Frank and Mary’s two daughters, and one son; Agnes (1873-1955, Fernald (1875-1954), and Frank (1878-1879) were born in Reno. Agnes graduated from the University of Nevada and taught at Reno High School for almost forty years. She died in Carson City. Fernald sometimes called Mamie, married accountant and later San Francisco banker, John M. Gregory. She also died in Carson City. Their son, Frank Bell Gregory, later became District Judge of the First Judicial District Court of Nevada from 1953 to 1978.
Frank Bell was active in the Washoe County Republican Party in various capacities. He was serving as warden at the Nevada State Prison in Carson City when he was appointed to the State Lt. Governor’s position.
The circumstances that led him to the office of Governor, and Mary as Nevada’s First Lady was most unusual. In August of 1889, Lieutenant Governor Davis died. Samuel W. Chubbuck was then appointed Lieutenant Governor in September, but resigned November 30, 1889. That same day Governor Stevenson then appointed Warden Frank Bell as the new Lieutenant Governor. In September 1890, ailing Governor Stevenson went to San Francisco for medical treatment. He signed over temporary state governance (Disability Certificate) for Lt. Governor Bell to govern as of Sept 1, 1890. Stevenson died unexpectedly in San Francisco less than three weeks later and “Acting Governor Bell” filled in that position until January 5, 1891 when Governor Roswell Colcord was sworn into office.
As the governor’s mansion in Carson City had not yet been built and for the brief time he was in office, the governor lived in a private Carson City home. Mary never had the opportunity to be hostess of the “people’s house” as later first ladies did.
Mary Bell, considered one of the pioneers of the state and of Washoe County, died September 9, 1925 at her daughter Fernald’s home in Oakland, California after a short illness. A September 11, 1925 obituary stated that Mary “took a prominent part in the social life of Reno in the early days of Western Nevada” (3) and that she was active in the Daughters of the American Revolution. “At Frank Bell’s funeral two years later, friend, Judge Moran in his tribute to Frank, quoted Frank as saying following Mary’s funeral: “Just think of it. We had been together over fifty years, my good wife and I, and no unkind word was passed between us.” (4) The article continued on to say that Moran also stated Mary was “waiting on the other side to be by her husband’s side.” (5) Frank and Mary Bell are buried at the Masonic Cemetery located at Mountain View Cemetery in Reno, Nevada.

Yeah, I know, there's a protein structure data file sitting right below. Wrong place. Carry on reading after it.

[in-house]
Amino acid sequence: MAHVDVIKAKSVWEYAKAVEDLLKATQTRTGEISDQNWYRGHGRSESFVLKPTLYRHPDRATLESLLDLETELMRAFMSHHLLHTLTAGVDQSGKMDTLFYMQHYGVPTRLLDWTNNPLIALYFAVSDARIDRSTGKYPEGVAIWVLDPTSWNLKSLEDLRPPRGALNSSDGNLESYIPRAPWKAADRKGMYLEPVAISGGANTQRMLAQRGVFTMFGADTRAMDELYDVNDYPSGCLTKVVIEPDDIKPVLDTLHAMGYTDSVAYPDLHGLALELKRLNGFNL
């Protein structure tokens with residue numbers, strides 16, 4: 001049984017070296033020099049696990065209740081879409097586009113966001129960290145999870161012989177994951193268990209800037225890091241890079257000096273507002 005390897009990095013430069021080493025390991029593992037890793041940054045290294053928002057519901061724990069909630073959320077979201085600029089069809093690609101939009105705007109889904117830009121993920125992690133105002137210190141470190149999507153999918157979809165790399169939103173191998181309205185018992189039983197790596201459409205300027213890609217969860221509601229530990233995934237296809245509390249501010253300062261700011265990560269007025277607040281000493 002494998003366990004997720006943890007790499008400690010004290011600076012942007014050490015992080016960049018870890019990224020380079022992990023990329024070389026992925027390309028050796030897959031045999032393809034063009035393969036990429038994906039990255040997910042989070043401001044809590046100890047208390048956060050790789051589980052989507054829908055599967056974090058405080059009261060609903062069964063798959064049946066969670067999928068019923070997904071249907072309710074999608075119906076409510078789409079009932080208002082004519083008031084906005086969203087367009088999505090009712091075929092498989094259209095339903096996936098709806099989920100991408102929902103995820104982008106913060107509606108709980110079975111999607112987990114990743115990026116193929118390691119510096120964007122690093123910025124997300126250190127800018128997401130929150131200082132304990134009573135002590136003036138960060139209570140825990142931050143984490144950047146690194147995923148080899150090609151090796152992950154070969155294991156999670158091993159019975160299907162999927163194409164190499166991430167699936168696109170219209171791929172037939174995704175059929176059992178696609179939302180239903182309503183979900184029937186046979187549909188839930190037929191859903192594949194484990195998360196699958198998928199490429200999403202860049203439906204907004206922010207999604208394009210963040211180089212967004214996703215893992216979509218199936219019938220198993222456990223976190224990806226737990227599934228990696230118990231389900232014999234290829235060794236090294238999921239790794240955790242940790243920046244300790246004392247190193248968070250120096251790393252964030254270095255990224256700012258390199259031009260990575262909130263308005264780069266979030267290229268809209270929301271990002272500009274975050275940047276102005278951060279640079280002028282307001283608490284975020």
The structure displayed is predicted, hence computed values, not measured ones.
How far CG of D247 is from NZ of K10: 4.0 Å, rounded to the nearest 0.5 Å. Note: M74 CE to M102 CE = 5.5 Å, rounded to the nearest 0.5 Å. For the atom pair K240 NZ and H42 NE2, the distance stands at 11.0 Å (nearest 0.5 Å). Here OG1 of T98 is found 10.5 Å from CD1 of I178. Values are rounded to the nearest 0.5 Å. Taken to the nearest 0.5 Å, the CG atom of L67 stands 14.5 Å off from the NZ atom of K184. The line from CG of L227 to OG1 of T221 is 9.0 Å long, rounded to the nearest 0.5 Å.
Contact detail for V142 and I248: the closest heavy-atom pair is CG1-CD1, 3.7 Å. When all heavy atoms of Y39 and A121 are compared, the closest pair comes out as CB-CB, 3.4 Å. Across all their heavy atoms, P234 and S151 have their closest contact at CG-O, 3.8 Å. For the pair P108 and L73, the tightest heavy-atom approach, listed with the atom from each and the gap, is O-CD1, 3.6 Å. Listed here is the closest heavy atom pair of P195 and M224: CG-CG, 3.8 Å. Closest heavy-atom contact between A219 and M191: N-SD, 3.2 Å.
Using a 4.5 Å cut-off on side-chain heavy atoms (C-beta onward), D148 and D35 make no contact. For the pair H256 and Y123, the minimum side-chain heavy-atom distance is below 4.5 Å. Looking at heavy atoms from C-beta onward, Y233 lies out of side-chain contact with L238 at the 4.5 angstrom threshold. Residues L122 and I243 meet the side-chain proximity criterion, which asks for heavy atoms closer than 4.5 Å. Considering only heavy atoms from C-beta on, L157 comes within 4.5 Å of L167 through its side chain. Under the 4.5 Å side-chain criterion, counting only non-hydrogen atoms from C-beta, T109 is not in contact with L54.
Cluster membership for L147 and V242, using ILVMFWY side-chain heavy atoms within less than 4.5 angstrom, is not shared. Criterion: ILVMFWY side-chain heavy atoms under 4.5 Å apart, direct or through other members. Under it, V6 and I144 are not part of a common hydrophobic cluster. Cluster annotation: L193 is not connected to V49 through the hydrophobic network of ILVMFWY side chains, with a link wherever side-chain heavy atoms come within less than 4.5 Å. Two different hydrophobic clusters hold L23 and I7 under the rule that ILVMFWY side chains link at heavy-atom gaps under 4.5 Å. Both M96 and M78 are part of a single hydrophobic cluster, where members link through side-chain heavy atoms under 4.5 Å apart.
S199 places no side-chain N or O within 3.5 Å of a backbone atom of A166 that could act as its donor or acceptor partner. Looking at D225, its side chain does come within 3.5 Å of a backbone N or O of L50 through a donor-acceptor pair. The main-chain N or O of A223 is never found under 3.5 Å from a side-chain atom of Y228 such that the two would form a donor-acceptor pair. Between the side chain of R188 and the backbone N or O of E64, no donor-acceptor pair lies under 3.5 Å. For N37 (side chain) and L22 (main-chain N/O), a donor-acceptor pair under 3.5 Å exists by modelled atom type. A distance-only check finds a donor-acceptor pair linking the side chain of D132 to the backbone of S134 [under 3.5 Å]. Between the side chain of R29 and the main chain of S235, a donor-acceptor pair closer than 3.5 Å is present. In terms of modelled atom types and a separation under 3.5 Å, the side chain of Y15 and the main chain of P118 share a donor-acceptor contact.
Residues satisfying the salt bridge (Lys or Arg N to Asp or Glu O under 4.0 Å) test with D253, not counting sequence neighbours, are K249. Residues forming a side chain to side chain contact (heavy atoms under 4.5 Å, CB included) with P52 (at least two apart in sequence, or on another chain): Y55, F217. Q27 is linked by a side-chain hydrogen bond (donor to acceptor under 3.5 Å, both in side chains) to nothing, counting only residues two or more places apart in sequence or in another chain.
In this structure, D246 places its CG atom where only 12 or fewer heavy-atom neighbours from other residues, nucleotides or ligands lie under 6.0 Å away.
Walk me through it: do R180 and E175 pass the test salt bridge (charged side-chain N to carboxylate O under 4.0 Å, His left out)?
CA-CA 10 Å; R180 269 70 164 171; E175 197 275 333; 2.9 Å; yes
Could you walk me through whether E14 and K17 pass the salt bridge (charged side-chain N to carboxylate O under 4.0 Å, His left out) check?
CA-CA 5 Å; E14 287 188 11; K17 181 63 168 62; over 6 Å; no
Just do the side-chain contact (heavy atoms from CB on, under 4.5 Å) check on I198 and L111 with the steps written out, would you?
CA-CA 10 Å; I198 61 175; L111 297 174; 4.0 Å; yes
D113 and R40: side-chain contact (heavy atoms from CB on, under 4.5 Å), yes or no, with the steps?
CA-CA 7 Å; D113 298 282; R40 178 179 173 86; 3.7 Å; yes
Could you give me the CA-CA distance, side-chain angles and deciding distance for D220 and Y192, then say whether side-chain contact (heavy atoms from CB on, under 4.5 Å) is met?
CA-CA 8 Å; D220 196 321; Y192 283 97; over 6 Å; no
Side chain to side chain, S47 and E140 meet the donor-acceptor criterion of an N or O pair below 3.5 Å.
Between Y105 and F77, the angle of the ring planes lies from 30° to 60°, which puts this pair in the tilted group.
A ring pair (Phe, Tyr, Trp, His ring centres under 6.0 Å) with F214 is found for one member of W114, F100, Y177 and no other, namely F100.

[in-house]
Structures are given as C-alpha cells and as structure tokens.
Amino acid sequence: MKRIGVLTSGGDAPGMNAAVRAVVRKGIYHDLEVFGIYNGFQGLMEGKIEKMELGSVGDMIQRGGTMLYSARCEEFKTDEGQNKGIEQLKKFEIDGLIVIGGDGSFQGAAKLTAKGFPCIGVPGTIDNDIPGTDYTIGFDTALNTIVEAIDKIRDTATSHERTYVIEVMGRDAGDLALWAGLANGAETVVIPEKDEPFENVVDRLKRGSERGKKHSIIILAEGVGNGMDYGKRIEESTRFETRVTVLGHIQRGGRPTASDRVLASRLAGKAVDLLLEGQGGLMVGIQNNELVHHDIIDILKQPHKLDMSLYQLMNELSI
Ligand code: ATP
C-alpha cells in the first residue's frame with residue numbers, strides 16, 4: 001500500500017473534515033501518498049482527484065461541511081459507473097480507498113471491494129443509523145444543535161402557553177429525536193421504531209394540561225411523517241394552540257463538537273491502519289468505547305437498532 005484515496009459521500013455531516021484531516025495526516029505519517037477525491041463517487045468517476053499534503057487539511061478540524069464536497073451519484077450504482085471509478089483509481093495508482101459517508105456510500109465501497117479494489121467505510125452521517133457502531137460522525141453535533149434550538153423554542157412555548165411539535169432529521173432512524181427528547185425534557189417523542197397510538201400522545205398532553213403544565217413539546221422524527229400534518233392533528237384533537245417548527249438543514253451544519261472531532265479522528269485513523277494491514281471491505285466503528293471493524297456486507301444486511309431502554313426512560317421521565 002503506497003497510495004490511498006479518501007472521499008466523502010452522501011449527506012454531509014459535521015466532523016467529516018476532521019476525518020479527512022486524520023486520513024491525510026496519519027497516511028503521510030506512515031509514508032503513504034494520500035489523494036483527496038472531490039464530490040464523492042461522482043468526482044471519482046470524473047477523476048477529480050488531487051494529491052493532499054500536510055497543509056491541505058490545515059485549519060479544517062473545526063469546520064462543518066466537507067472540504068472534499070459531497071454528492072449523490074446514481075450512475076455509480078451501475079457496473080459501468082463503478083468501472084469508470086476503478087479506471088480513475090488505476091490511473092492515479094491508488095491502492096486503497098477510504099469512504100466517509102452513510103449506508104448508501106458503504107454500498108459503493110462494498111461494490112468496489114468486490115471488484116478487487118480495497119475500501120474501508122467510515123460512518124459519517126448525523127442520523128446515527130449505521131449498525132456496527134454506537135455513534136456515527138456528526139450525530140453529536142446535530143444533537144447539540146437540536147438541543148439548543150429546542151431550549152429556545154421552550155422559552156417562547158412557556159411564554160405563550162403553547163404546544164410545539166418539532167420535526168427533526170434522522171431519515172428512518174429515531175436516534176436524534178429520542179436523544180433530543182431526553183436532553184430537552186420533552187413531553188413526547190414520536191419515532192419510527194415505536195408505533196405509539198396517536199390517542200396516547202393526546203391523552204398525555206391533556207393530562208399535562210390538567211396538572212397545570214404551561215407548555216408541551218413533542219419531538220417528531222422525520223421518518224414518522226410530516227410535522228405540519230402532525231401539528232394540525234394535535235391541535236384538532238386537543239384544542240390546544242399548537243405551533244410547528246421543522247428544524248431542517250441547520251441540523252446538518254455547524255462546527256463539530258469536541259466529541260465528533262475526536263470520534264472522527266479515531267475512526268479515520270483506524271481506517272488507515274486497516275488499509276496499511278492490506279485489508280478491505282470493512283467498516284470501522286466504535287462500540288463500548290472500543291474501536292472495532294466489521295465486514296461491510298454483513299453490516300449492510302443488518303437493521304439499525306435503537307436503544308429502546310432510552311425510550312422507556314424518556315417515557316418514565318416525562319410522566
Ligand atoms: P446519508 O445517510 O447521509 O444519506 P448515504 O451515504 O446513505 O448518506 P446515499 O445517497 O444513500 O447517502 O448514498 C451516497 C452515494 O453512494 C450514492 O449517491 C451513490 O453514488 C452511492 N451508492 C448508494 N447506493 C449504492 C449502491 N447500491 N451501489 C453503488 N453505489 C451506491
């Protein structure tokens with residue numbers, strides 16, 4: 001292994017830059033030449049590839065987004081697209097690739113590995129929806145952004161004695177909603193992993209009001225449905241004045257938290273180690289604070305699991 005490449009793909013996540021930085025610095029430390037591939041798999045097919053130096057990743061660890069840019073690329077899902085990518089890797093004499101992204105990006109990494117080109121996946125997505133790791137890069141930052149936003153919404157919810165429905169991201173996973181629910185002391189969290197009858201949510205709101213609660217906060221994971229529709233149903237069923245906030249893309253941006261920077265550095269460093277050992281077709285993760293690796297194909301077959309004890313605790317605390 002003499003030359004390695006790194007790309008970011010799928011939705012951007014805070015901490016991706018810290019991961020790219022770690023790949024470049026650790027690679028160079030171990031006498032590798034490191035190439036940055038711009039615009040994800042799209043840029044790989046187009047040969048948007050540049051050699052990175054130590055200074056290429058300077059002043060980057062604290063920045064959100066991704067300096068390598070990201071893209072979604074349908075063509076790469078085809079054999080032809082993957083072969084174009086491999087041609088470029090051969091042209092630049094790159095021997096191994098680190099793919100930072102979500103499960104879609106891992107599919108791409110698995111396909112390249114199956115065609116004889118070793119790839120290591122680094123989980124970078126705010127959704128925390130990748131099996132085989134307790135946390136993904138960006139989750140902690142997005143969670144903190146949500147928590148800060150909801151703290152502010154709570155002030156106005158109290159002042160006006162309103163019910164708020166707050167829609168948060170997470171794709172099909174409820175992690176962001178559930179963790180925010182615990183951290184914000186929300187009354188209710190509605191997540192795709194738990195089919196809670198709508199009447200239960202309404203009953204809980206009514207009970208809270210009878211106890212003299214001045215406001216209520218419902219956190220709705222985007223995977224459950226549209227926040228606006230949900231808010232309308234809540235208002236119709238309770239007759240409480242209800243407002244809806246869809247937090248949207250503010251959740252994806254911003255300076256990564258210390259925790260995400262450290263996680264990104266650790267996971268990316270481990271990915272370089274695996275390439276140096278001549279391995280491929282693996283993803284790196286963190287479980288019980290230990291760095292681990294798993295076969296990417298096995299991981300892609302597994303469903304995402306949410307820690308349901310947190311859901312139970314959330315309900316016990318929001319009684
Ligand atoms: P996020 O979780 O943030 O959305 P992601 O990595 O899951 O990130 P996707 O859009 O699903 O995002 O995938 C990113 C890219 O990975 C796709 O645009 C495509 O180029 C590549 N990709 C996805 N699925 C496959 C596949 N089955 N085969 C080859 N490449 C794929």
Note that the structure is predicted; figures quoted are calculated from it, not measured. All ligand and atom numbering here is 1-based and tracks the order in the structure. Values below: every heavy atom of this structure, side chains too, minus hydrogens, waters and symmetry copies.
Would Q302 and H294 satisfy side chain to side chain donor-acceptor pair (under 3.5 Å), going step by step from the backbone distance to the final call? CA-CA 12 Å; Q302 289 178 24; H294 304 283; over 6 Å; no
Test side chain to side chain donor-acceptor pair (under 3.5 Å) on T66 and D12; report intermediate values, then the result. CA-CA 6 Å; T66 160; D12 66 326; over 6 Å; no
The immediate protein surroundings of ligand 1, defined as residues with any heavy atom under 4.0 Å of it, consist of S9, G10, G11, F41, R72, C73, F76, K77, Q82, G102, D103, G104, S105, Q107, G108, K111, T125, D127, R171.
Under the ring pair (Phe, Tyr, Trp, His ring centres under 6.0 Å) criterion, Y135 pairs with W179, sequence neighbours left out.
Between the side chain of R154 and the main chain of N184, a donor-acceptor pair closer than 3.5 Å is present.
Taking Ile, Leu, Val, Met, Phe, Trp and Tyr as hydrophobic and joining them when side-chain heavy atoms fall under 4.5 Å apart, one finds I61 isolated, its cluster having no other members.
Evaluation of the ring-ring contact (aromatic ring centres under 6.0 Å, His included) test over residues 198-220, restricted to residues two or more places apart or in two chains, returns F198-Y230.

Researched and written by Joyce M. Cox.
- Twelfth Census of the United States, 1900, Redding, Shasta, California; Roll: T623_112; Page: 13B, line 92, enumeration district: 108, Ancestry.com [database on line]. Provo, Utah. Retrieved on 2011-10-10.
- “Fourth of July.” Reno Evening Gazette, 31 May 1887:3.
“Mrs. Frank Bell Dies in Oakland.” Nevada State Journal [Reno]11 Sept. 1925:2. Print.
- “Governor Frank Bell Funeral Rites Are Largely Attended.” Reno Evening Gazette 15 Feb. 1927:8. Print.
- “Bell-Poor-in Reno July 2, Frank Bell to Mary Peroes Poor.” Nevada State Journal [Reno] 6 July 1872, sec: The Alter: 3. Print.
- “Ayres-Poor-in Reno, July 2, Irvin Ayres to Anna Poor.” Nevada State Journal [Reno] 6 July 1872, sec: The Alter. 3. Print.
- “Bell-in Reno July 8 to the wife of Frank Bell, a daughter.” Nevada State Journal [Reno] 9 July 1873. Sec. The Cradle: 3. Print.
- “Very Sick.” Daily Nevada State Journal [Reno] 19 Oct. 1879:2. Print.
- “Jottings.” Reno Evening Gazette 4 Nov. 1879:3. Print.
- “Died.” Reno Evening Gazette 20 Oct. 1879:3. Print.
- “A Victim of Scarlet Fever.” Reno Evening Gazette 20 Oct. 1879: 3. Print
- “For President James A. Garfield.” Reno Evening Gazette 20 Oct. 1880:2. Print.
- “The Literary Club.” Nevada Weekly State Journal [Reno] 24 Dec. 1881:4. Print
- “Town and Country, Brevities.” Nevada State Journal [Reno] 28 Mar. 1883:3. Print.
- “Town and Country, Brevities.” Nevada State Journal [Reno] 20 May 1883:3. Print.